The EU considers the Chinese political support for the Russian aggression against Ukraine as the main obstacle to the development of cooperation with China. At the EU-China summit on 1 April, the EU warned of sanctions on China if it helped Russia wage war. However, the EU is focused more on implementing mechanisms to protect the common market against economic threats from China. The Chinese authorities are trying to normalise relations with the EU to limit its cooperation with the U.S. in the rivalry with China. To this end, the Chinese also aim to take advantage of the differences between EU members’ stances with regard to relations with China and the U.S.
The April virtual EU-China meeting confirmed the difficulties in relations between them. The European Union informed China that material support for the Russian aggression against Ukraine or assistance in circumventing the restrictions on Russia will be met with a reaction from the EU, including potential sanctions. The Union also urged China to lift the selective sanctions on Members of European Parliament and economic restrictions against Lithuania. EU representatives raised the issue of human rights violations in China.
For China, the summit was another opportunity to call on the EU to pursue a policy independent of the U.S. and to strengthen political and economic cooperation with China despite the Russian aggression against Ukraine. Provisional arrangements were made for future dialogue sessions on economic matters, the digital field, and human rights. The first one, set for the end of June, is still tentative as the Chinese side has not yet responded to the proposed dates from the EU.
Union policy towards China is focused on preventing threats similar to the actions against Lithuania. The legislative process of adopting new instruments aimed at increasing the EU’s capacity for action in trade disputes, but also, for example, in confronting human rights violations, has accelerated. The most advanced work is on the Anti-Coercion Mechanism (ACI), which is to enter into force in mid-2023. It will enable EU members and companies to report situations in which they feel pressure from third countries. If these accusations are confirmed, the European Commission will be able to respond, for example, by blocking imports from these countries. A regulation on foreign subsidies is also being prepared (in May, the EC’s proposal on this issue was supported by the Council and the European Parliament), as well as a ban on the import of products of forced labour to the EU (the EC’s draft is to appear by mid-September). Public procurement procedures have also been modified to allow the issuing agencies to block Chinese entities from participating in them. These instruments will complement existing ones, such as the 2019 investment-screening mechanism.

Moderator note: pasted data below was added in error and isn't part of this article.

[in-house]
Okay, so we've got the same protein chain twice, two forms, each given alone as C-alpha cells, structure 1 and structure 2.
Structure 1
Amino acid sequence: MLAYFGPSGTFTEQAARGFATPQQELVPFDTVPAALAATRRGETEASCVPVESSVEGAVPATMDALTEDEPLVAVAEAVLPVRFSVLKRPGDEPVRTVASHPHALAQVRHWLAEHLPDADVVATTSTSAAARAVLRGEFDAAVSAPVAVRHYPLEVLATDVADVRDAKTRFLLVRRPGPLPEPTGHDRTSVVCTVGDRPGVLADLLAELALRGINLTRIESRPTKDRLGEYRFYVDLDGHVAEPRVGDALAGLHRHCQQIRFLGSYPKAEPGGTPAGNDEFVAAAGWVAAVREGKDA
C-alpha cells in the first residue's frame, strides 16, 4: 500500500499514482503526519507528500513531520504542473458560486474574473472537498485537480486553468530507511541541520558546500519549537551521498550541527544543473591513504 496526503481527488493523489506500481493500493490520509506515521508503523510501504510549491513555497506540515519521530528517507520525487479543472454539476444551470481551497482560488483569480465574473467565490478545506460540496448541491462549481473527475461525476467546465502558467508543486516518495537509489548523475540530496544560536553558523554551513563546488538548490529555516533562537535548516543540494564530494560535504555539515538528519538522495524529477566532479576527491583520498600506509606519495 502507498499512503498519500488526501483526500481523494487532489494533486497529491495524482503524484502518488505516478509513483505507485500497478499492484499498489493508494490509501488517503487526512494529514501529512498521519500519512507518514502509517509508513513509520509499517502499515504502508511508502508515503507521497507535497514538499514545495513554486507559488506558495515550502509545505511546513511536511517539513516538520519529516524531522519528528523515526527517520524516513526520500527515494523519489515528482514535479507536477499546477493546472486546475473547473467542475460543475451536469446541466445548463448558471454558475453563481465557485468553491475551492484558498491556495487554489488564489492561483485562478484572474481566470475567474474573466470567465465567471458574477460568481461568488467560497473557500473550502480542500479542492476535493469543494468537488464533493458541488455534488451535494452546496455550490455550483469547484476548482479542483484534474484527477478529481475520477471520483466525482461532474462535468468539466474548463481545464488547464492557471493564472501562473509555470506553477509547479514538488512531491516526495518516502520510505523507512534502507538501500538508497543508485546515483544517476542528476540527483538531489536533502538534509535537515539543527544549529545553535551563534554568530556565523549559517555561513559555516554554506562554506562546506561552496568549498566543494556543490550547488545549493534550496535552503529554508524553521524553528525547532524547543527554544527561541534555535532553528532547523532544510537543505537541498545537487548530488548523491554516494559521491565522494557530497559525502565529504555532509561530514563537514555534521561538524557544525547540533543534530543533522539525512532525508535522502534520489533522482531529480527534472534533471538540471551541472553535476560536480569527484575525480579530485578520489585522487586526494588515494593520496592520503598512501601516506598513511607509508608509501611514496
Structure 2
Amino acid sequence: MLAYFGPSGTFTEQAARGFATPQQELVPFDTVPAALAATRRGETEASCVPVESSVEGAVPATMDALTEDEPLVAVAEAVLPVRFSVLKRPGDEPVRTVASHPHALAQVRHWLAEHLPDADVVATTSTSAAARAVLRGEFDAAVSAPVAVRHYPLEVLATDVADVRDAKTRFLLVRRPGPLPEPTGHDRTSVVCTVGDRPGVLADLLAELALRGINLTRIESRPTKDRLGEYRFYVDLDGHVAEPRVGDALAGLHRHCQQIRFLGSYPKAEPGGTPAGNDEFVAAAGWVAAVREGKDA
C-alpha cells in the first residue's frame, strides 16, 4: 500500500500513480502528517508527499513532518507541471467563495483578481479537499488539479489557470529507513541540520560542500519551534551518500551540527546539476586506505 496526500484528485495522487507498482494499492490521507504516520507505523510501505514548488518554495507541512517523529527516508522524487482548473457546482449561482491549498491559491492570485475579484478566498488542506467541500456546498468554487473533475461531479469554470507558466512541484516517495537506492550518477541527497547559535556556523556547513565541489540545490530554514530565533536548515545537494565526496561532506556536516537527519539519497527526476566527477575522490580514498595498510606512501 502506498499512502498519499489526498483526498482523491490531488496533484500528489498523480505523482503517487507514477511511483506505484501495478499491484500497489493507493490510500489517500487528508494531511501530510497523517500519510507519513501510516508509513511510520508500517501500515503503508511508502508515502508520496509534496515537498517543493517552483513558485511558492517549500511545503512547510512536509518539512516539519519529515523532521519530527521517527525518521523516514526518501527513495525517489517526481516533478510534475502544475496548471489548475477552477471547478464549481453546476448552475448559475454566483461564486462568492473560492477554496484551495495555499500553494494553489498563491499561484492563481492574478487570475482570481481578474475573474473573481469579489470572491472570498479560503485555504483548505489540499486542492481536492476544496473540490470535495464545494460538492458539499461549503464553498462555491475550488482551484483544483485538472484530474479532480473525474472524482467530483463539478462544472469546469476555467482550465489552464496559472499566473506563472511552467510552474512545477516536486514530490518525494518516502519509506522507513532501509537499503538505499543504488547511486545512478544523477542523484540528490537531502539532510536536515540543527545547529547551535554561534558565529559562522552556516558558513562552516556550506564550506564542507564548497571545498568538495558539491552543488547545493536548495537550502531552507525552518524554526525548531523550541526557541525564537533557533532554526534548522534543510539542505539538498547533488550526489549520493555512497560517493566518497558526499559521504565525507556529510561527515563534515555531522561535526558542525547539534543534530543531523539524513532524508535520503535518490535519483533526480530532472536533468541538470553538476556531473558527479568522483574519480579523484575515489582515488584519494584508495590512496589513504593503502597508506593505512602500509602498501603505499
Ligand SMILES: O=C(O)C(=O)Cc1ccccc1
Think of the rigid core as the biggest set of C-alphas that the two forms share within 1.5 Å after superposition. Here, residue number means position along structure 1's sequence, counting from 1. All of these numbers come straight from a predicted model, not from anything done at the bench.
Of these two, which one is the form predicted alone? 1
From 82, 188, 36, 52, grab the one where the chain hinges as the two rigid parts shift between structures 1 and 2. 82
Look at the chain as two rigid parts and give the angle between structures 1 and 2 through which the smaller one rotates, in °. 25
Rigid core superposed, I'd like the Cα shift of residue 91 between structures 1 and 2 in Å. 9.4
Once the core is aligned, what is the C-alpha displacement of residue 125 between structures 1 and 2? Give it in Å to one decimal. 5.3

In the EU’s opinion, suggesting possible sanctions is a sufficient response to China’s political support for the Russian aggression in Ukraine. In the EC’s view, China has no means or instruments to realistically compensate for Russian losses in the financial or energy sectors as a result of the sanctions. Therefore, the work on the catalogue of possible restrictions on China, initiated by the French presidency of the EU Council after the summit, is being carried out slowly. In addition, the EU’s attitude towards China is influenced by the difficult situation of European companies on the Chinese market, resulting from the China’s “zero COVID” policy, which has stopped production in affected areas and led to an outflow of foreign workers from China. Possible restrictions resulting from China’s support for Russia will not improve the conditions for these companies. The pandemic restrictions have made more EU companies re-consider their operations in China. According to a study by the EU Chamber of Commerce in China, 23% of 372 analysed entities are considering withdrawing from that market. Similar conclusions were found in an April poll by the U.S. Chamber of Commerce.
Dissatisfaction with the effects of the “zero COVID” policy and the EU-wide reaction to China’s support for Russia have strengthened the cooperation between the EU and the U.S. in regard to China. In April, there were consultations between the EC and U.S. Deputy Secretary of State Wendy Sherman, and in May the second Trade and Technology Council (TTC) meeting was held on supply chain disruptions, food safety, and other significant matters. Under the TTC, both the EU and the U.S. want to counteract Chinese dumping, for example, in the solar panel sector, and human rights violations, particularly in Xinjiang, including by restricting the import of suspected forced labour products. A working group was also established to assess the reliability and security of suppliers of 5G equipment.